Walking to a temperance meeting in Leicester in 1841, from his home in Market Harborough, Cook hit on a wizard wheeze. He was impressed by the rapidly growing railway network (which hadn’t yet connected Leicester to Market Harborough, but which would do so by 1857) and wondered if this wonder of the age couldn’t be harnessed to provide a further marketing opportunity for the temperance movement. He suggested to the meeting that a special train could be hired from local railway and train operator the Midland Railway Company, to convey temperance supporters from Leicester to an upcoming meeting in Loughborough. It would be the world’s first ever arrangement of the sort, and the Midland Railway Company agreed. At a stroke, the charter-train business had been born. The train carried 500-odd passengers there and back, for a reduced fare (which Cook was able to negotiate on the basis of having block-booked an entire train), sold in advance by Cook himself to passengers. Essentially, that’s the business model charter train operators still use to this day, though modern charter fares are often higher than regular train fares, because much of the modern charter train business is built on offering luxury rail travel to popular sightseeing destinations or events.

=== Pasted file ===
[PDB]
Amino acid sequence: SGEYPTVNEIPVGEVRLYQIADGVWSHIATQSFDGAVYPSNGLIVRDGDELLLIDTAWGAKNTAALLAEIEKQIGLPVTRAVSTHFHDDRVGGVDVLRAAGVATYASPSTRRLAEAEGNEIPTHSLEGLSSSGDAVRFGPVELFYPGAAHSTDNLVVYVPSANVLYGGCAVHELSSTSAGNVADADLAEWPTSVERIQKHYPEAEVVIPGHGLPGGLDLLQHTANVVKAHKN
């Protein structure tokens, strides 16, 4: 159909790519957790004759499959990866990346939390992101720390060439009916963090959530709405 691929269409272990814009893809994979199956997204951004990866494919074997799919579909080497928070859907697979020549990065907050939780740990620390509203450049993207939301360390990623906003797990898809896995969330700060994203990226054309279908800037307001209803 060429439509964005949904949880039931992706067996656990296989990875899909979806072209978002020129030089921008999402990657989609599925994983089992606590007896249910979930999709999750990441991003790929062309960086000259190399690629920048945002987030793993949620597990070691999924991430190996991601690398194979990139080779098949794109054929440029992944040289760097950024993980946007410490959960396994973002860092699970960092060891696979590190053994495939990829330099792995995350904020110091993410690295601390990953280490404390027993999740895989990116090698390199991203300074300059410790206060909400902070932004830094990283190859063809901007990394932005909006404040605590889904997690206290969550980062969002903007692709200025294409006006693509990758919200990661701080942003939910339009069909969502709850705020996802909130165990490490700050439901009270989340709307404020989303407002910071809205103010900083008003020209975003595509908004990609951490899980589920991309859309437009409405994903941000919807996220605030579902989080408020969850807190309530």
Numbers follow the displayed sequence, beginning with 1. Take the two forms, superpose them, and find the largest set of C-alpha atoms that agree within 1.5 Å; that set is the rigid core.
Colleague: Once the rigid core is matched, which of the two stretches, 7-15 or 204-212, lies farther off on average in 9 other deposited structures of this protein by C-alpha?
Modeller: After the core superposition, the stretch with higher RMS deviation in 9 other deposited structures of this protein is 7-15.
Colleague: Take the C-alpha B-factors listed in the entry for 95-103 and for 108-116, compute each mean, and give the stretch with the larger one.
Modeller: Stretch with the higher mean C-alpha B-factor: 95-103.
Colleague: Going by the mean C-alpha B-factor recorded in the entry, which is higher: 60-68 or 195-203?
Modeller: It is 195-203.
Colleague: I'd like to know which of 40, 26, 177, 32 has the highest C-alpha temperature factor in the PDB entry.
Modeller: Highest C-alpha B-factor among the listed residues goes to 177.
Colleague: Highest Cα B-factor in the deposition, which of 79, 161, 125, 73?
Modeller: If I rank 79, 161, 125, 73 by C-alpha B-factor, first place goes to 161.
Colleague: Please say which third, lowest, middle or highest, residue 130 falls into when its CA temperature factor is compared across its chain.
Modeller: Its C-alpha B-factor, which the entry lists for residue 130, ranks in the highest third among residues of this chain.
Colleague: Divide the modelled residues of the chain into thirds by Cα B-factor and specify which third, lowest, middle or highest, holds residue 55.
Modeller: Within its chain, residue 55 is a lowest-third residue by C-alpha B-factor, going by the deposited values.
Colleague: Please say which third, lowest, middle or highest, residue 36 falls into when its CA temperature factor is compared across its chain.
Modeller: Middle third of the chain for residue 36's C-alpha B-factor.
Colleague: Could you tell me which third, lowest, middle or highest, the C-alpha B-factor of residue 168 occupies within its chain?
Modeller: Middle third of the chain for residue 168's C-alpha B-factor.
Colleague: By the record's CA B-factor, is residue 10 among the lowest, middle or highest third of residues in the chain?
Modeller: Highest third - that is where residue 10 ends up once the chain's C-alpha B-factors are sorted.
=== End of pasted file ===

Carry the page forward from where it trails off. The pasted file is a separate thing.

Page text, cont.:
Cook’s initial venture was such a success that over the following years he followed it up with other charter trains carrying temperance society members and Sunday school children. Cook made no money personally on these trips, but by 1845, he was organising his first commercial charter train, which took people from the Midlands to Liverpool. As part of the offer, Cook provided a booklet covering items of interest on the journey; inventing the modern holiday brochure while he was at it.